The saga of Apple's MacBook Butterfly keyboards continues. The Butterfly mechanism used in its recent MacBook lines has been prone to failure, and Apple has apologized for the issue with a repair program on top. Now, coinciding with the release of Apple's first MacBookPro with an 8-core processor, it's expanding its keyboard repair program substantially, reports the Wall Street Journal (opens in new tab).
Issues have plagued Apple's Butterfly mechanism since the first iteration with tis 2016 12-inch MacBook. They've been prone to miss key presses, duplicate key presses and accumulate debris underneath the keycaps. The result has been unreliable typing on expensive computers.
The Butterfly keyboards have seen three design generations, and they've appeared in cheaper MacBook Air models and expensive MacBook Pros. The 2018 MacBook Air and 2018 MacBook Pro included Butterfly keyboards, and still suffered issues despite the addition of a membrane aimed at keeping debris out.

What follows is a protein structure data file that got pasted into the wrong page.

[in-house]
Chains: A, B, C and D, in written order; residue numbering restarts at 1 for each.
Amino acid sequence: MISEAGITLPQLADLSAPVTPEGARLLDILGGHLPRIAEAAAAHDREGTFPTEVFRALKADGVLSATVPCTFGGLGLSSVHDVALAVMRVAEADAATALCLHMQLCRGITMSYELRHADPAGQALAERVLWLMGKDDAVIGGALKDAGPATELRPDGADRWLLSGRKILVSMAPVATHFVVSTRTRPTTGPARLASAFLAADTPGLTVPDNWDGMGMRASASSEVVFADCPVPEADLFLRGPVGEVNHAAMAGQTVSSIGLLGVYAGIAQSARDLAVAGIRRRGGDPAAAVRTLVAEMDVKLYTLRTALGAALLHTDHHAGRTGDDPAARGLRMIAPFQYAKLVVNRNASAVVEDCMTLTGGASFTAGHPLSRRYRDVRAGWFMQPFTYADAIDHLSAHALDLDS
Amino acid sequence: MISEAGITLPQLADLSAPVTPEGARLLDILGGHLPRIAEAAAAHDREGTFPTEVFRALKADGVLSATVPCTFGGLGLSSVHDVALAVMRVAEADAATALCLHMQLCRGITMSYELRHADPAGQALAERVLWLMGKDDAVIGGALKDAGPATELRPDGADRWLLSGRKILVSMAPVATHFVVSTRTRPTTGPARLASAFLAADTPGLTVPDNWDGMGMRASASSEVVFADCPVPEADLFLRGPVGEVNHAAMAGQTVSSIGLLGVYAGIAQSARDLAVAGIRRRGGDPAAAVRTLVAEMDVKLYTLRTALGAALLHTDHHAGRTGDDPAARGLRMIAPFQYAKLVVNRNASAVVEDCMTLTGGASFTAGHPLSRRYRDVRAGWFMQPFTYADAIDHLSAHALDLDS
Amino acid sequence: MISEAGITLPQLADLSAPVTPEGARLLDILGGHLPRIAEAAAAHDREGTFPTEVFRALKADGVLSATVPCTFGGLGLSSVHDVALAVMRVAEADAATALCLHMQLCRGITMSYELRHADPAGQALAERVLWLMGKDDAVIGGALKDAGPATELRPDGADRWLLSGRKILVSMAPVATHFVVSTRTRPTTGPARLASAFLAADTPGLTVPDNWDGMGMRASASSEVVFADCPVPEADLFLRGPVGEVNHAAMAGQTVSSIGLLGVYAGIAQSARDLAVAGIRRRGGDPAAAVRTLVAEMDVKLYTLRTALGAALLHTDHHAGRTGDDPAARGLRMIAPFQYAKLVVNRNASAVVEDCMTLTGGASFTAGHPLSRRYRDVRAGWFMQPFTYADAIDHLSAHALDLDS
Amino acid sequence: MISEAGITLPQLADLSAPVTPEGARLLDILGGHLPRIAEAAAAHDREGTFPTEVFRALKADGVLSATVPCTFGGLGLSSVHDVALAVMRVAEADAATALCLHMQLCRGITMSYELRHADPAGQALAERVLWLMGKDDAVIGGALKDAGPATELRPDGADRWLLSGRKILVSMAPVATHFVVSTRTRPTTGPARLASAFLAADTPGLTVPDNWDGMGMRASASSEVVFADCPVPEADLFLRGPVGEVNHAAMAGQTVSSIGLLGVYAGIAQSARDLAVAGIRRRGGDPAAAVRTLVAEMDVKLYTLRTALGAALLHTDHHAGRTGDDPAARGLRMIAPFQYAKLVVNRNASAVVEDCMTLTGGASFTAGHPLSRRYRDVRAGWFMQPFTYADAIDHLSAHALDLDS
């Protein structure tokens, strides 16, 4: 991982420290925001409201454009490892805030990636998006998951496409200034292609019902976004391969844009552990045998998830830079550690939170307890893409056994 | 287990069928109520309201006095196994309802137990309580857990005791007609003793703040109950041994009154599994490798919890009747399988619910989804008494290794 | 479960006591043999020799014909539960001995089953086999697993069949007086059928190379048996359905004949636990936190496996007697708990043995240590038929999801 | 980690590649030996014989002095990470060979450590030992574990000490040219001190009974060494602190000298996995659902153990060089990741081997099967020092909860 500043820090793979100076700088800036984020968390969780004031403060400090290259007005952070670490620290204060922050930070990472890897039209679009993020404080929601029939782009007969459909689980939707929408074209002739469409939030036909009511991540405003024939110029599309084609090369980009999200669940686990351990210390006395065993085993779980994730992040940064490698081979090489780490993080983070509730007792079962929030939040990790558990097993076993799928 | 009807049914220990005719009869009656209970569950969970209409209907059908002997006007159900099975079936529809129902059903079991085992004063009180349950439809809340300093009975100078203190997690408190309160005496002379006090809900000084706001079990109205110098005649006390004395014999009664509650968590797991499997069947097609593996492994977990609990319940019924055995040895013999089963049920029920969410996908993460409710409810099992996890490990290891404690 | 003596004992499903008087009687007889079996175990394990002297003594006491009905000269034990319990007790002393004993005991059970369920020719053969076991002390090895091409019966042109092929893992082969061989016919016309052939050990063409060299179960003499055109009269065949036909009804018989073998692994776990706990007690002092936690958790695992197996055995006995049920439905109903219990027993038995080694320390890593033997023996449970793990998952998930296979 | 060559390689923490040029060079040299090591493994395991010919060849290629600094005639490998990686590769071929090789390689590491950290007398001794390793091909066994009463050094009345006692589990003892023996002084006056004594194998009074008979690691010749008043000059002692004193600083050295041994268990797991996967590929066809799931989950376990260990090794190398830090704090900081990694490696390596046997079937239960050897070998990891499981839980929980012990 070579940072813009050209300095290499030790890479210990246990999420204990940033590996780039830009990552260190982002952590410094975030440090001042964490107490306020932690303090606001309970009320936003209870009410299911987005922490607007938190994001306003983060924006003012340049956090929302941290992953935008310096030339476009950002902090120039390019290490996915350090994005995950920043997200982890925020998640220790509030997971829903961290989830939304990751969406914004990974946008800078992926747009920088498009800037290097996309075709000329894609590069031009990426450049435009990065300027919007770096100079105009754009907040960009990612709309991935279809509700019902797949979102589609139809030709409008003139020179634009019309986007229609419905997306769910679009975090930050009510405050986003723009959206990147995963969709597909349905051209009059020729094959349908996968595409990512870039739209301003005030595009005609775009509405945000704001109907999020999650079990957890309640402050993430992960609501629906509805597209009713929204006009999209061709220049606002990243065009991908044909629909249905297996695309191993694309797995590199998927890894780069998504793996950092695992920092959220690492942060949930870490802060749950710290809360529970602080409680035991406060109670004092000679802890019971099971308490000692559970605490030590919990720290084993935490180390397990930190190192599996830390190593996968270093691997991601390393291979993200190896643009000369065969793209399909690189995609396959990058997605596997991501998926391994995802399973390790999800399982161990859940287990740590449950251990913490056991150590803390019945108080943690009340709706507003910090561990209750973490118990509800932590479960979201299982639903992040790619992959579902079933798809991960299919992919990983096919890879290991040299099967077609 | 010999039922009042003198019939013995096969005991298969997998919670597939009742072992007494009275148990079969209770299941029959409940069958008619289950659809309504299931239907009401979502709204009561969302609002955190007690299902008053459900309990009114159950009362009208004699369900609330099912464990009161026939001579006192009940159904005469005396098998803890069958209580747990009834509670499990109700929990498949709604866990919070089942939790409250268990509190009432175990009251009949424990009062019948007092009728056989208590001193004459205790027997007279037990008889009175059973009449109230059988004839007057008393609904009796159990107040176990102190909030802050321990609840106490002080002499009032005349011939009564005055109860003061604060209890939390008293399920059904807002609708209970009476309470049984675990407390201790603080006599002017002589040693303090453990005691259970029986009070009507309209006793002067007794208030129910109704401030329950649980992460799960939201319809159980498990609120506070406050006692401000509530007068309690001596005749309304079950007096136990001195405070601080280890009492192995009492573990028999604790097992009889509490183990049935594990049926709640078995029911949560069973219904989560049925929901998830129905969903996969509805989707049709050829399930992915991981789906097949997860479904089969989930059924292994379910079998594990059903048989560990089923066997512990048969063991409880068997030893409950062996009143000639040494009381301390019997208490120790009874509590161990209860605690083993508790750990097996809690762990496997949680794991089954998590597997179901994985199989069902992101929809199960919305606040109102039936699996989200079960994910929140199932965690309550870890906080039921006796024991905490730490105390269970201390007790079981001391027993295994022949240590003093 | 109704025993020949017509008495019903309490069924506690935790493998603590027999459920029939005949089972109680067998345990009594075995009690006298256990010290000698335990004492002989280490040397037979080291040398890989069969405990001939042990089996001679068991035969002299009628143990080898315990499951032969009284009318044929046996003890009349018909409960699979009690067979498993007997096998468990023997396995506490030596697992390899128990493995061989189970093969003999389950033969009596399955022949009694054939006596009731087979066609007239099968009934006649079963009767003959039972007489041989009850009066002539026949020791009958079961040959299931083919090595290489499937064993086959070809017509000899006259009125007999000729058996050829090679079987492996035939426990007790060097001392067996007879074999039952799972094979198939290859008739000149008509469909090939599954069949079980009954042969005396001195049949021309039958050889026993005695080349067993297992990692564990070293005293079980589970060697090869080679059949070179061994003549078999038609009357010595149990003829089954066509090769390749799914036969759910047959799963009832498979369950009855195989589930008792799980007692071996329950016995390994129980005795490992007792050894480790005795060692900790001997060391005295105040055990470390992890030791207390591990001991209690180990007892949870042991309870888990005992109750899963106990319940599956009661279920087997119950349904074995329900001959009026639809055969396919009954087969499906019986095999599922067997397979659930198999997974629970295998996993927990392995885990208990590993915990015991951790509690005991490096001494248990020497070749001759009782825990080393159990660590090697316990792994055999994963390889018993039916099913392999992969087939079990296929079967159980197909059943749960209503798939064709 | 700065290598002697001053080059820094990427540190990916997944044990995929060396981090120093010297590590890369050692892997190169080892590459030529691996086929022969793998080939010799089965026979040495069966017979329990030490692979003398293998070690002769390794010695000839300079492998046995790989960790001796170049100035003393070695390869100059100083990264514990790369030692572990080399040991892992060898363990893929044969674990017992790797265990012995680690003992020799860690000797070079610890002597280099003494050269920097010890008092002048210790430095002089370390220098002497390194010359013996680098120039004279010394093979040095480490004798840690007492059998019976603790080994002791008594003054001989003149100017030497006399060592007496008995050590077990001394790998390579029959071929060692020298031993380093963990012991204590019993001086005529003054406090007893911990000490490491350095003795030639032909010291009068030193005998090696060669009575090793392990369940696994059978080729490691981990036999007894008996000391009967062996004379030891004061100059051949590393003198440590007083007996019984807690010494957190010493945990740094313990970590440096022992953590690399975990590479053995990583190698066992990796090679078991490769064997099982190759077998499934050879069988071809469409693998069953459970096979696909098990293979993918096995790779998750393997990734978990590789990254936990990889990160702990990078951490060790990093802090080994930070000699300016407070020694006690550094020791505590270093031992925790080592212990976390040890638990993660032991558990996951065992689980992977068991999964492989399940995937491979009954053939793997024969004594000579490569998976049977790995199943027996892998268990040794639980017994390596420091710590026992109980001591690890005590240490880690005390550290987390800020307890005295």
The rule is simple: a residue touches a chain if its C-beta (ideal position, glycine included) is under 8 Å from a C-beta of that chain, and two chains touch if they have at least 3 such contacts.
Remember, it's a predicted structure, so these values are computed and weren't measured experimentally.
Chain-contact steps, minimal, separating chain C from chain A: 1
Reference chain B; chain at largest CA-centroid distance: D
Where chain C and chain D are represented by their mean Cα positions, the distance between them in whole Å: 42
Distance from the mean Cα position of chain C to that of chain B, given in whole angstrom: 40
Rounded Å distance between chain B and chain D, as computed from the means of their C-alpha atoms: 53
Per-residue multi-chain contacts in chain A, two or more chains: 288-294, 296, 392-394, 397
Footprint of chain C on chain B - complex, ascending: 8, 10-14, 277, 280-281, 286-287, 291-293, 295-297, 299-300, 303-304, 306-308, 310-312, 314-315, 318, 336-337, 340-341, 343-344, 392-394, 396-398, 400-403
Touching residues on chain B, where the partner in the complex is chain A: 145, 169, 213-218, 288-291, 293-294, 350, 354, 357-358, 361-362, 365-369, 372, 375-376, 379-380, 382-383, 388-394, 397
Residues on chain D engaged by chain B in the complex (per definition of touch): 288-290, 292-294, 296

Now, Apple is ensuring all the Butterfly keyboards are covered by its repair program.
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You get a repair, and you get a repair and...
Before, the repair program didn't include computers with Apple's 3rd-gen Butterfly keyboards, which showed up in 2018 devices. Now, Apple will repair all generations of the keyboard. That includes the newest MacBook Pro with an 8-core processor, which uses an altered 3rd-gen Butterfly keyboard
This is a positive, consumer-friendly step for Apple to take, and may help avoid future controversy over issues like this. In the past, it's been called for not immediately owning up to clear issues, like when it was deliberately slowing down iPhones with aging batteries.
Better still, the repair program isn't limited to just the US. It includes the UK, Australia and many other countries and regions. You can check the Keyboard Service Program page (opens in new tab) to see if your region is included.
With any luck, the fourth generation of Butterfly keyboards will finally solve the issues, so customers will rarely have to take their MacBooks in for keyboard repair.
Via: 9to5Mac (opens in new tab)